Traders' herd behaviour affecting high-growth shares, but correction may be for best.
Wall St stocks fell further overnight on Friday, adding to fears about a possible tech wreck.
The United States tech sector has taken a hammering and investor sentiment has turned against so-called "growth" stocks.
The tech-focused Nasdaq index has plunged 5 per cent in just over a week. It is down 8 per cent since its peak in early March.
Last year the Nasdaq climbed 38 per cent and there has been no shortage of commentators warning the sector was overheating.
But why are markets falling now? Why this month? What flicked the switch?
Valuations for big name stocks such as FaceBook and Twitter have been running a long way ahead of any kind of traditional fundamentals - that is, prospects of making a profit.
The rapid growth path of the last year or so couldn't be maintained indefinitely.
Yet the market trucked steadily on until 10 days ago when sentiment turned.
The reality is there is no specific cause for the timing of this sell-off.
The daily market reports have to pin the rises and falls on something, so they'll reference concerns about the Fed tapering process, US job numbers and China, Crimea or other macro-economic risks.
None of those things were materially better or worse last month than they are this month.
The recovery - snail's pace and stop-start though it may be - is more or less on the same course it has been for the past year.
The minor panic we are witnessing seems to be a classic example of herd behaviour on the market - at least among the traders.
Serious investors should hopefully be retaining a longer view. The internet isn't going to stop changing the world.
The stocks that are tipped to rule in their various market segments of the cloud are still following their own internal growth paths.
In New Zealand the threat of a tech wreck has some edge now because of the relative size of Xero to the market. Xero chief Rod Drury is in the fortunate position of having played down the significance of his company's soaring stock price on the way up so he can dismiss the recent fall with his credibility intact.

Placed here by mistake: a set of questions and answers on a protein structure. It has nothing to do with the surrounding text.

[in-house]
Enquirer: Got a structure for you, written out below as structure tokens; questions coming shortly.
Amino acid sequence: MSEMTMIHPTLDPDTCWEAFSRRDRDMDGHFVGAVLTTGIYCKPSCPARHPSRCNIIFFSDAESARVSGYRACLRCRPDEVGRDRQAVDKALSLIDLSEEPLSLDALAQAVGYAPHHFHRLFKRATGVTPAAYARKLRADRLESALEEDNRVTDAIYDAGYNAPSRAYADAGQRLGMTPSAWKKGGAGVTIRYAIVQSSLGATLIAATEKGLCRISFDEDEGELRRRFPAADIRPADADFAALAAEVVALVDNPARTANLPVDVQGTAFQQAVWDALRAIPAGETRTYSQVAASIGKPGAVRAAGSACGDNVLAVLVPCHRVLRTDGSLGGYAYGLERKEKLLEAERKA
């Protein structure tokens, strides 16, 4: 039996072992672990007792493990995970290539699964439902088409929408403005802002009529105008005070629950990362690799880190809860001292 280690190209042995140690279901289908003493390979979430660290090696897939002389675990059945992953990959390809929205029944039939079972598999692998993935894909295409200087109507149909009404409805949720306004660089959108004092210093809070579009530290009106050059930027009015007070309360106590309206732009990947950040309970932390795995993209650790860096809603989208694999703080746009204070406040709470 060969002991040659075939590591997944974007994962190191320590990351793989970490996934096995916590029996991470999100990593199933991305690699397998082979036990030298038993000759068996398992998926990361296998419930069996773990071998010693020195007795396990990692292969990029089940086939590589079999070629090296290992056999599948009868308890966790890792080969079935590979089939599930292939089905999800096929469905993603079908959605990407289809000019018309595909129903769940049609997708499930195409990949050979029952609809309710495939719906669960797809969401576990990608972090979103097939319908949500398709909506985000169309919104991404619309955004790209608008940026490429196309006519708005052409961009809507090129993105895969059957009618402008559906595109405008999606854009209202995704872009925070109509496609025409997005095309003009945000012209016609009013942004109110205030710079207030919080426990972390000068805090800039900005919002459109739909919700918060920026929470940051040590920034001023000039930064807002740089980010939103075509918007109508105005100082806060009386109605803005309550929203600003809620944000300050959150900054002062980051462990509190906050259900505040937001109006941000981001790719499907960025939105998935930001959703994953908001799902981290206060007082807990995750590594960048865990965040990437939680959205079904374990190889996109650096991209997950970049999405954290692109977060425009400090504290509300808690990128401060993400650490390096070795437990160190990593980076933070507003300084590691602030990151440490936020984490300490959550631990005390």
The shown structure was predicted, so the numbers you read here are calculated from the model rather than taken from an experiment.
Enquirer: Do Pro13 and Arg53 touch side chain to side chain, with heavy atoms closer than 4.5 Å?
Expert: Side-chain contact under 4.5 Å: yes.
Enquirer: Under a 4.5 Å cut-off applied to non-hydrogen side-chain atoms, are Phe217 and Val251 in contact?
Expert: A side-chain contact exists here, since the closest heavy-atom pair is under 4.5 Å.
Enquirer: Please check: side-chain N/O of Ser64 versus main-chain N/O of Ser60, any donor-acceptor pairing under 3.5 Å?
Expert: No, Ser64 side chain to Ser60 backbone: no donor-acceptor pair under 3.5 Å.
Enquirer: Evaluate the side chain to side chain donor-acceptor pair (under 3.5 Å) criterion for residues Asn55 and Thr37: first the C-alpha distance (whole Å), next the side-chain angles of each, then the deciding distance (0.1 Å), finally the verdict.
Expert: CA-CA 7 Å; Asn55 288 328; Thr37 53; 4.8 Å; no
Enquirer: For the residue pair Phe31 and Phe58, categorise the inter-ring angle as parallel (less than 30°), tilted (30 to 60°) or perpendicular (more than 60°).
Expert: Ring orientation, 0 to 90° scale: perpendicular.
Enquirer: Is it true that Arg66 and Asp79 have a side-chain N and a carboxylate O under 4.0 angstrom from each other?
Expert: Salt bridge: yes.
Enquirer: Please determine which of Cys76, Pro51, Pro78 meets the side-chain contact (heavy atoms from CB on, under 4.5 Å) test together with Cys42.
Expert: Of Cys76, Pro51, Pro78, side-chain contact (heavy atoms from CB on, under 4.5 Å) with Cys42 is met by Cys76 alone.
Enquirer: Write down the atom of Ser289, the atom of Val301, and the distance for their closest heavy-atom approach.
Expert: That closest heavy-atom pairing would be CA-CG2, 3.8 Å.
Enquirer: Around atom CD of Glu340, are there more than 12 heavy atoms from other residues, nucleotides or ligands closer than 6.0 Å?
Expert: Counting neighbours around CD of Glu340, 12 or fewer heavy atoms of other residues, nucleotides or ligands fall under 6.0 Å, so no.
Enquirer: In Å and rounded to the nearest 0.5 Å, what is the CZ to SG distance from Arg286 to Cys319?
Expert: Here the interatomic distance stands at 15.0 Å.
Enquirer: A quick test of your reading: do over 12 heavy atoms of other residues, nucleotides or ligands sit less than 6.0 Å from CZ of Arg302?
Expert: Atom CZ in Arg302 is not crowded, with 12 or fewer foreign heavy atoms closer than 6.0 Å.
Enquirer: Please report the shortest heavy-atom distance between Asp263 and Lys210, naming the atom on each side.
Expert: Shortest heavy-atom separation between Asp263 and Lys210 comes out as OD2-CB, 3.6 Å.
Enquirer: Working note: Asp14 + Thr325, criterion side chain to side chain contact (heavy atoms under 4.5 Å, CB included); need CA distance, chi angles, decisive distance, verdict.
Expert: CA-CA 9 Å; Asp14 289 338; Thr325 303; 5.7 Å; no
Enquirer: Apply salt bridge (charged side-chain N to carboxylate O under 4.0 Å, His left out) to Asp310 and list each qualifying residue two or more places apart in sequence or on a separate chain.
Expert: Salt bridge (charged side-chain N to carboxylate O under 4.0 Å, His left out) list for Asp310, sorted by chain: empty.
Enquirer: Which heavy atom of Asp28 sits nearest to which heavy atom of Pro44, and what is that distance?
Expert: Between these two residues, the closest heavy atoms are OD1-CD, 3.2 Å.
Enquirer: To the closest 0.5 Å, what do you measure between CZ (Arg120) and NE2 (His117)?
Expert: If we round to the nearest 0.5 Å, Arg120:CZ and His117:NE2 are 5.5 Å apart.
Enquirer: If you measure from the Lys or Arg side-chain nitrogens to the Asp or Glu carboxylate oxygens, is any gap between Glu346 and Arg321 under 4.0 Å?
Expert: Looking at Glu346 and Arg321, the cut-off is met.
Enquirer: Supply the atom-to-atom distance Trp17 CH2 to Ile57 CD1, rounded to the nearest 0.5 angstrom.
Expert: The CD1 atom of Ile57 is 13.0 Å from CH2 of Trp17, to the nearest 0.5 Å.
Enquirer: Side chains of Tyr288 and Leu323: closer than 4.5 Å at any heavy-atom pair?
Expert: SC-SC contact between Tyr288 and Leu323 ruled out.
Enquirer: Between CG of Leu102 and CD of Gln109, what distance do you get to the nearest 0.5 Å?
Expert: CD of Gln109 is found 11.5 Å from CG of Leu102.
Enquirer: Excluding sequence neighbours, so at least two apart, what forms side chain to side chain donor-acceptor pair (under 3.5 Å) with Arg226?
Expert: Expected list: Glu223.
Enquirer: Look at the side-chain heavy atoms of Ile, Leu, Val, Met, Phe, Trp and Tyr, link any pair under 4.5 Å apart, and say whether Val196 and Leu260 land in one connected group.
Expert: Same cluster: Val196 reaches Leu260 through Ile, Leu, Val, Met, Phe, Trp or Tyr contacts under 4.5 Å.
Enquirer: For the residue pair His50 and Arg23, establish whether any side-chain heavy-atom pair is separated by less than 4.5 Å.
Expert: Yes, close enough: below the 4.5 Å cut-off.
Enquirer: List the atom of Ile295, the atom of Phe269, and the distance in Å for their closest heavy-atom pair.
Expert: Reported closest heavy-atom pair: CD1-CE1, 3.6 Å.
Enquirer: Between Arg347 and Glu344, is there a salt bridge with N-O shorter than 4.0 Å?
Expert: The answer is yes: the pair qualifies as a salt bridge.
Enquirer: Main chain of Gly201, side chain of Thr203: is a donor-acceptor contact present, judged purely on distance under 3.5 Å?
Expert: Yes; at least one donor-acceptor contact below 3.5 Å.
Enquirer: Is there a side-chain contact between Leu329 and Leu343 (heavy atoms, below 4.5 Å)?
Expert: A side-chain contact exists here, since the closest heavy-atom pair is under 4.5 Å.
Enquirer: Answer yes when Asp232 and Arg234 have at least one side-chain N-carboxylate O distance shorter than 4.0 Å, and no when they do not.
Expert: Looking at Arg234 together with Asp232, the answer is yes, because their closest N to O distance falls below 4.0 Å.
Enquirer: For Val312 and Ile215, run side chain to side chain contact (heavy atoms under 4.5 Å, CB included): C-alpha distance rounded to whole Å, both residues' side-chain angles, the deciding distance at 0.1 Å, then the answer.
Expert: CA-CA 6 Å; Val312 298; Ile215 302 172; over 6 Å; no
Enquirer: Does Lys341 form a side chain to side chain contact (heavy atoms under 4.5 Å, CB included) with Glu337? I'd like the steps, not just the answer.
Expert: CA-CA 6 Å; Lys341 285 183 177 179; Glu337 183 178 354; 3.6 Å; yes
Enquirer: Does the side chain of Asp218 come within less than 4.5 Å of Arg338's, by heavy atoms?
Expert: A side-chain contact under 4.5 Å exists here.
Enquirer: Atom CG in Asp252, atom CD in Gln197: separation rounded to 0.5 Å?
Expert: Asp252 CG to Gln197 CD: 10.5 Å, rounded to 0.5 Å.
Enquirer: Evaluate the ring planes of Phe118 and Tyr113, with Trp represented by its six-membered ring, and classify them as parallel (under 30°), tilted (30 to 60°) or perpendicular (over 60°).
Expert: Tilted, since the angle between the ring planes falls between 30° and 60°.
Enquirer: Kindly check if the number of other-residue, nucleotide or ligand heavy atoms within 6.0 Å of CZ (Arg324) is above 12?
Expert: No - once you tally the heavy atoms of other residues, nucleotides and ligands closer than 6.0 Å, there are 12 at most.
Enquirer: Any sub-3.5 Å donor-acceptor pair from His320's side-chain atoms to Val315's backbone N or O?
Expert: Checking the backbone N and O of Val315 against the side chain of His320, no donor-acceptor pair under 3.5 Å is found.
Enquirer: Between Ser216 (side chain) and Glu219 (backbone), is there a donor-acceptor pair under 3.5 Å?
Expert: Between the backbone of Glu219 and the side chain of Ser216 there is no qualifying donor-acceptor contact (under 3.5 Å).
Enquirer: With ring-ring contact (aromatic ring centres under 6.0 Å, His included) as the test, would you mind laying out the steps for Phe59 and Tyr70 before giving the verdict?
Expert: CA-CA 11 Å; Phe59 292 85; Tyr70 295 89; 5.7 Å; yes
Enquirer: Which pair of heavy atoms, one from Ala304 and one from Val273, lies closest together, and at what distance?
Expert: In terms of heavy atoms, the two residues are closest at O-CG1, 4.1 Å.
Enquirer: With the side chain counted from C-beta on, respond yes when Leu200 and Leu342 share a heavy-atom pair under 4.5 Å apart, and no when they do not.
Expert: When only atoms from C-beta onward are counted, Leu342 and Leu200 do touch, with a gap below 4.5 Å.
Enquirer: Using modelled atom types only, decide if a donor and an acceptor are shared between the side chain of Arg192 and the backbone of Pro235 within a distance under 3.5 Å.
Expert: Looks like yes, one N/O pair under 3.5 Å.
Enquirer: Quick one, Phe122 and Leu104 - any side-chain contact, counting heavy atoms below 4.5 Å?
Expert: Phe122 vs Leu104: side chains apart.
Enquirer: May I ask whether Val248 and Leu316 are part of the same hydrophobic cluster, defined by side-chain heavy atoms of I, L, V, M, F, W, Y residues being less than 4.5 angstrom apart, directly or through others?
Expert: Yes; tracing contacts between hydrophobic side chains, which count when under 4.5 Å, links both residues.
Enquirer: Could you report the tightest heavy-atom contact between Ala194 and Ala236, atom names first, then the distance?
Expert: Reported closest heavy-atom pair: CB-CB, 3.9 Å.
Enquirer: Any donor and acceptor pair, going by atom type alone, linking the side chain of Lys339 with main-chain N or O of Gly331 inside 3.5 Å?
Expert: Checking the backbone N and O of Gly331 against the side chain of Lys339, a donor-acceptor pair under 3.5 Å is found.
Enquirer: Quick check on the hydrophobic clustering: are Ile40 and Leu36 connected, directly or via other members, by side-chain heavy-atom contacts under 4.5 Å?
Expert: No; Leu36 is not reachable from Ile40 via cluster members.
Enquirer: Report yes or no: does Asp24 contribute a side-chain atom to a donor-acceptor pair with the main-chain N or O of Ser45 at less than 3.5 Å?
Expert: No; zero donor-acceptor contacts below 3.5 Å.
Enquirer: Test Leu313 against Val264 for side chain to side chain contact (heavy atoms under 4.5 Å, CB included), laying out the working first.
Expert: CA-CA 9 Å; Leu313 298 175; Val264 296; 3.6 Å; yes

It has been quite a fall - down 30 per cent since March 10.
But as Drury points out, Xero doesn't need capital; it has the advantage of US$180 million in the bank after a capital raising last year.
So Xero doesn't have to worry too much about the market ups and downs for a couple of years. As long as the business keeps growing and the trend towards cloud computing continues, it still has momentum.
In fact a short cyclical downturn may aid Xero as it will make it harder for new competitors to raise capital and expand rapidly.
A share price at more moderate levels should also ease some of the unneeded media hype around the stock. Xero can keep on keeping on.
It becomes more of a problem for the local tech sector if the gloom starts to weigh on investor appetite for start-ups. What has been a promising pipeline of Kiwi tech firms raising capital and heading for market may be forced to pause.
If this change in sentiment is sustained it may drive investors back towards defensive stocks.
We may see some upswing in utilities and listed power companies.
That would be good news for some of those small investors holding shares in Mighty River Power and Meridian. Of course, if it does play out that way then the Government will have timed the asset sales process perfectly wrong.
That's not to make an ideological judgment about whether the state is better or worse off owning more or less of these assets. But running a sale process to an immovable political time frame has clearly put the seller at a disadvantage.
Meanwhile, what we hopefully won't see is any kind of serious slowdown in economic growth. Even in the US the selling has been heavily focused on tech and biotech stocks.
Falls on the wider market have been more moderate. Analysts have noted investors aren't yet flocking to gold as in the big panic of 2008.
In this country one would not expect the issue to weigh heavily on the Reserve Bank's equations, unless it were to continue and do serious damage to the US recovery.
The lack of rain in the Waikato and falling global dairy prices will be looming larger as reasons to delay rate hikes.
If the wider fallout from the tech sell-off is limited then this correction could be the best thing for the global recovery. It should bring valuations back into line with business growth projections - or at least back into the same ball park.
If the fevered buying of the past year had carried on unabated, investors would have been putting markets at risk of a far greater and more damaging plunge.
Here's hoping things settle down over the next few days, but brace for more volatility as the tech sector bounces down to a new and more sustainable value.
On Twitter: @liamdann